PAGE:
I would have had the same thoughts but I now the farmer and the barn very well. There no overcrowdign. Feed is perfect and every cow has enough space to eat and lay down. The only thing which could be better is that they do not have deep and soft bedding. This problem is actually solved, because of a new buildt barn with deep soft bedding.

Walt Guterbock

Nervous ketosis can make cows chew on metal, but usually they look sick and the chewing is accompanied by a lot of salivation, and their behavior is strange in other ways. Head pressing can also be a sign of Listeriosis, but those cows are usually extremely dumb in behavior and often circle. Any change in cow behavior should make one think of rabies, too, but that is a remote possiblity.

Jersey cows just like to play with metal objects like gates and chains and will bang and chew on them all day long. Like tongue rolling, this could be interpreted by some as a sign of some kind of stress but I think it is just boredom and a Jersey habit.

Carsten Houmann

What you see here is "Mycosis"
Mycosis is a fungal infection of the animal.
This fungal infection starts often in the lungs and after a long latent periode it goes to the blood and the central nervesystem.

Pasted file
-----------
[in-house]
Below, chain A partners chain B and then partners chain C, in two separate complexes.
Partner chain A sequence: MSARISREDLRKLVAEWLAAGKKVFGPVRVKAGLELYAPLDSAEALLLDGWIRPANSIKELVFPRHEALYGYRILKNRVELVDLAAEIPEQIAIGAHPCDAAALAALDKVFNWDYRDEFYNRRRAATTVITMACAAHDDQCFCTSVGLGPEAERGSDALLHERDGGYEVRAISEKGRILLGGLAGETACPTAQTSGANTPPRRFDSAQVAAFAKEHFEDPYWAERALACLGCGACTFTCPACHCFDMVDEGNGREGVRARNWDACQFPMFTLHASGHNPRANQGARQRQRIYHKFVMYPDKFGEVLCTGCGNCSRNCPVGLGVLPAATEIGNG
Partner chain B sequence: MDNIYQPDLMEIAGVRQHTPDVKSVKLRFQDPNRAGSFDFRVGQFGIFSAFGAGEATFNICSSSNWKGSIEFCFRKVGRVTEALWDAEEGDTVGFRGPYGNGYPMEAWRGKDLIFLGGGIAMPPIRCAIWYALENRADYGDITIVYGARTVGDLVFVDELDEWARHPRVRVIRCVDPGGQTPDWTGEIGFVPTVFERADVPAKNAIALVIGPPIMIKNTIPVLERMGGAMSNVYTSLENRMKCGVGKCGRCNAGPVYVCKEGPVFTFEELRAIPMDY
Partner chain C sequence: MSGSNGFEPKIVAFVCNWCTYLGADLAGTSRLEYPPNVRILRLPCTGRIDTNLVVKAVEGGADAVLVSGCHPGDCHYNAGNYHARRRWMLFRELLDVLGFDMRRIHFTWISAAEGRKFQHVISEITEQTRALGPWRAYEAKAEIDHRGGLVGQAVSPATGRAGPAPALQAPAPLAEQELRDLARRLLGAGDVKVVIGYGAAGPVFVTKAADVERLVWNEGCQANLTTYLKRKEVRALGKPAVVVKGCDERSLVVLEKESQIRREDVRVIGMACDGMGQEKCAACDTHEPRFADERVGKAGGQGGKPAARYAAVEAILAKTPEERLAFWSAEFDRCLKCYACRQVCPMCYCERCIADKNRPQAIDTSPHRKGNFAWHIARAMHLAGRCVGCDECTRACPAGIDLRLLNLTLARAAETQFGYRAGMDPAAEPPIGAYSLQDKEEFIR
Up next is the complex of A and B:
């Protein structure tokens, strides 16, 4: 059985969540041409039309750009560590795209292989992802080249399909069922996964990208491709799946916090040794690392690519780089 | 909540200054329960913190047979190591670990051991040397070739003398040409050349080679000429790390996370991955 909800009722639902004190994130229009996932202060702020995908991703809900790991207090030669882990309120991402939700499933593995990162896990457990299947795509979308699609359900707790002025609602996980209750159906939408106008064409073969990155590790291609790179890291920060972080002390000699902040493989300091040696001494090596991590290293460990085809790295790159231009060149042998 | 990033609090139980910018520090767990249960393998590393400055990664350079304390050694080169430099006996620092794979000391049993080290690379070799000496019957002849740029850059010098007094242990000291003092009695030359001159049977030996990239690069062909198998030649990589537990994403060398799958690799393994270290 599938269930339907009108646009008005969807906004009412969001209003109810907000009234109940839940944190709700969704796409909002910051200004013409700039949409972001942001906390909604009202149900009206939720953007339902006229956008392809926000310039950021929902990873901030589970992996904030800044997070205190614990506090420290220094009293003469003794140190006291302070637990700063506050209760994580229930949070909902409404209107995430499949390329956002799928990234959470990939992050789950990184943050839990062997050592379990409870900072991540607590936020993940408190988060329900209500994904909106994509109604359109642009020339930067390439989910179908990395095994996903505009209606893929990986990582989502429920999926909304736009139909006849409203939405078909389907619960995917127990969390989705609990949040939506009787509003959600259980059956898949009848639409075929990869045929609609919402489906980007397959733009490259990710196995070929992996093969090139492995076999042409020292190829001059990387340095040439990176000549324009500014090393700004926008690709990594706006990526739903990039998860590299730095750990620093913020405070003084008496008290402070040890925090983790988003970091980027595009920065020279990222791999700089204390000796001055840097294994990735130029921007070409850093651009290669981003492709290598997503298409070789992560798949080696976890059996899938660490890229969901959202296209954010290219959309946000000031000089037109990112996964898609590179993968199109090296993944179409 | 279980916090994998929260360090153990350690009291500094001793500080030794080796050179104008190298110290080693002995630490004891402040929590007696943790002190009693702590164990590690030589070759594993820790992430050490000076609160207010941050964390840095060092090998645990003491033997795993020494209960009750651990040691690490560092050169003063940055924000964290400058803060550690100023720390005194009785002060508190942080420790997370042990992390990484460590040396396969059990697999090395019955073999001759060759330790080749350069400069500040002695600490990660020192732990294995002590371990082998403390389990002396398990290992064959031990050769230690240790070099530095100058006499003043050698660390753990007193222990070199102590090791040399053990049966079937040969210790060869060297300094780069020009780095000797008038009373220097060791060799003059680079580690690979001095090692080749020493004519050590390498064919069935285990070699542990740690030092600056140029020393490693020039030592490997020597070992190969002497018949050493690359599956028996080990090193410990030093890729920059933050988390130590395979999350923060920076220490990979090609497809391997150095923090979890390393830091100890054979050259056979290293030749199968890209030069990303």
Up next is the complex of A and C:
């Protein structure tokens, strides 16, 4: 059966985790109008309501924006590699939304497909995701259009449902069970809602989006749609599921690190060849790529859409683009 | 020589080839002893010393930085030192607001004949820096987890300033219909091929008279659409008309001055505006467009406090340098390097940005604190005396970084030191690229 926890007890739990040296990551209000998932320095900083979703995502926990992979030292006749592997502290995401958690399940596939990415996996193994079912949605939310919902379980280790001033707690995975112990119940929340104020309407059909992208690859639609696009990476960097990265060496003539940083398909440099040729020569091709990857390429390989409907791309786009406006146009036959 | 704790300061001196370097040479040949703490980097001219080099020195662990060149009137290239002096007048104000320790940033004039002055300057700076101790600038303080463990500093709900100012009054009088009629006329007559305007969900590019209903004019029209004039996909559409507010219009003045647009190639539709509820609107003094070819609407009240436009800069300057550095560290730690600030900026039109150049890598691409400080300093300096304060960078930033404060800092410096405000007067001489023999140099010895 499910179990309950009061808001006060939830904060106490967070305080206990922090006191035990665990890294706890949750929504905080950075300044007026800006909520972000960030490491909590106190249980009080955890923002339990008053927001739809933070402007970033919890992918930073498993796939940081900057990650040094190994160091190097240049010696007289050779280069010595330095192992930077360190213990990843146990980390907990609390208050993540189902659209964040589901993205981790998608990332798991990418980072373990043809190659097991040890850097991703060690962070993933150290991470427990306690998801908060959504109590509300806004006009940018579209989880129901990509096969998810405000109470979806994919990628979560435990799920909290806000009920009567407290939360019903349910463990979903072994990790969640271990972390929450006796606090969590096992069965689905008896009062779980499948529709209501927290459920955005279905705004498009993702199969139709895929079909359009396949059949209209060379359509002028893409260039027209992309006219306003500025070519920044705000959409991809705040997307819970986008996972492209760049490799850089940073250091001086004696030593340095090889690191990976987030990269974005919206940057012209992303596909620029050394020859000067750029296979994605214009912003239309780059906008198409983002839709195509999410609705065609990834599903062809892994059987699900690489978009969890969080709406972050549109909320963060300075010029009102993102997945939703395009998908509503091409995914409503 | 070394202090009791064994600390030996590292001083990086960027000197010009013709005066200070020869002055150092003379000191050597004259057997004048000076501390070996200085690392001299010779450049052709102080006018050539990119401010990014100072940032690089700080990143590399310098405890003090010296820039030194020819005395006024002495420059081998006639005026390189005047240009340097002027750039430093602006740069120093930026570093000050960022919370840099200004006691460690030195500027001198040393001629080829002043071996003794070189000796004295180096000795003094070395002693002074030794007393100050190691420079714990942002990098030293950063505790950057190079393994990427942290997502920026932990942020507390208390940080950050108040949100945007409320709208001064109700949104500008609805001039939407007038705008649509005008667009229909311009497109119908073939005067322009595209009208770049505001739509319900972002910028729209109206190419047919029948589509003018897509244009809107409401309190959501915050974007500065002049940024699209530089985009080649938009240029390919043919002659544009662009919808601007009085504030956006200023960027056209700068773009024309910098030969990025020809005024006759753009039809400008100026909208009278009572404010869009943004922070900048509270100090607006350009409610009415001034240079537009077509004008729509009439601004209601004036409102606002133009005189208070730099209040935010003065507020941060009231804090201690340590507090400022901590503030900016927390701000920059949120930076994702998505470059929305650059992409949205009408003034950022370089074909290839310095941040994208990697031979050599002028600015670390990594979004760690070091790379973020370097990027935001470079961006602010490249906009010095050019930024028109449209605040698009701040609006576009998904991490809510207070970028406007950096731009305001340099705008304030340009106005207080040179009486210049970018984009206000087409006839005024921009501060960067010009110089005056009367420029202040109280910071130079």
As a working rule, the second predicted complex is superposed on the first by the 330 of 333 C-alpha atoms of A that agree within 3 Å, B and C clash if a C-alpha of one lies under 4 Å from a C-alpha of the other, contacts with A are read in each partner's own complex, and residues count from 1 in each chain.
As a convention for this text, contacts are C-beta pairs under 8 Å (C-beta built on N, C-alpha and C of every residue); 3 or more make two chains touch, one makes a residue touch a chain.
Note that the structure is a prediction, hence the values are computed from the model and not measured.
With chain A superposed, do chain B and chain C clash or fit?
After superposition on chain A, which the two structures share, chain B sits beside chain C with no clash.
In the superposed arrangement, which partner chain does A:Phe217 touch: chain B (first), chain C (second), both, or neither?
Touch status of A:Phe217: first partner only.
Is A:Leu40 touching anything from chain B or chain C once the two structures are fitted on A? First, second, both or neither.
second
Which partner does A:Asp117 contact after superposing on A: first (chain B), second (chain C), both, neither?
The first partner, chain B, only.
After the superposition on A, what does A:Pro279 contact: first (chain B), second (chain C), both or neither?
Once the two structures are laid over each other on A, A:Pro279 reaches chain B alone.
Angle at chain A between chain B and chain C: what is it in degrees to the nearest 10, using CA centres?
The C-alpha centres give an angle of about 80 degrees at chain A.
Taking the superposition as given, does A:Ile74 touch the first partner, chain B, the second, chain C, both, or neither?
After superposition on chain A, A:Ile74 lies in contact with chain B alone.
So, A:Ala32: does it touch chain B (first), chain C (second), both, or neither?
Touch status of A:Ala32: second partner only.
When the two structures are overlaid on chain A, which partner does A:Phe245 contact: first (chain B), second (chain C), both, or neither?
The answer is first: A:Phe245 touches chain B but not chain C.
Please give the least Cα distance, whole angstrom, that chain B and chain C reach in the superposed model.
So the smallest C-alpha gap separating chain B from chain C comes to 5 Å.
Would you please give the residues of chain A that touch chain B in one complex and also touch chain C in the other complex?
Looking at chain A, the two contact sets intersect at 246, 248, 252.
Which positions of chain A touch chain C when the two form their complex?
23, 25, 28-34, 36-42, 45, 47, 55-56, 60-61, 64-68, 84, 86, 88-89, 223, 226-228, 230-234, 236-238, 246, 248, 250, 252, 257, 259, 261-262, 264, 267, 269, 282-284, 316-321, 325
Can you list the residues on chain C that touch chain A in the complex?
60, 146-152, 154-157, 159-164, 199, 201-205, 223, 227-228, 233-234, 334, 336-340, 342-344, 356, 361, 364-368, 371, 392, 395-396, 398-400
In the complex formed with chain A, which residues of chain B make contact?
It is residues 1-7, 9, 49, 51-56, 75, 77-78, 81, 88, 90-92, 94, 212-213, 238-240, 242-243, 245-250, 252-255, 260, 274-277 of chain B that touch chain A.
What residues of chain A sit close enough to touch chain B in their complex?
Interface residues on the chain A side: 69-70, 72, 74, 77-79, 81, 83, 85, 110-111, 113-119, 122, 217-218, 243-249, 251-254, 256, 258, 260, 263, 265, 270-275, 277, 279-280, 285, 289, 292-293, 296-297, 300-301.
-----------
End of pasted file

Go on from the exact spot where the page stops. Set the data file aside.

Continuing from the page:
Caused the fungal infection the cows get an inflamation in the meninges(the membrane around the brain)
Mycosis comes very often from Aspergillus.
I have seen the symptoms in my own herd years ago.
The symptoms comes up after milking caused drops in bloodcalcium.
Threatment: Give calcium and magnesium in the blod to improve muscle function. This threatment also takes away the nervous symptoms.
The fungal inflamation must be threated by antibiotics.

Aaron de Vos

I was told once, it was a way of grounding herself against tingle voltage....we have this problem in North America....I don't think Europe has tingle voltage, for the hydro voltage is laid out differently

Lisa Mooney

I had this discussion at one of my sessions, attendees concluded that the cattle in the barn doing it were the cows in peak production and they were using it as a pressure point release, especially prior to milking when they were carrying a lot of milk. This was a tie stall barn with wooden posts and cows were doing it on the wooden posts and metal pipes. They also associated this back to when they bring cows to the show and they aren't milked at regular intervals. Most farmers there noticed this beahivour at the show.

Lisa Mooney

I had this discussion at one of my sessions, attendees concluded that the cattle in the barn doing it were the cows in peak production and they were using it as a pressure point release, especially prior to milking when they were carrying a lot of milk. This was a tie stall barn with wooden posts and cows were doing it on the wooden posts and metal pipes. They also associated this back to when they bring cows to the show and they aren't milked at regular intervals. Most farmers there noticed this beahivour at the show.

Anouk Brinkhoff

Great that we're getting so many reactions. Thanks to everyone!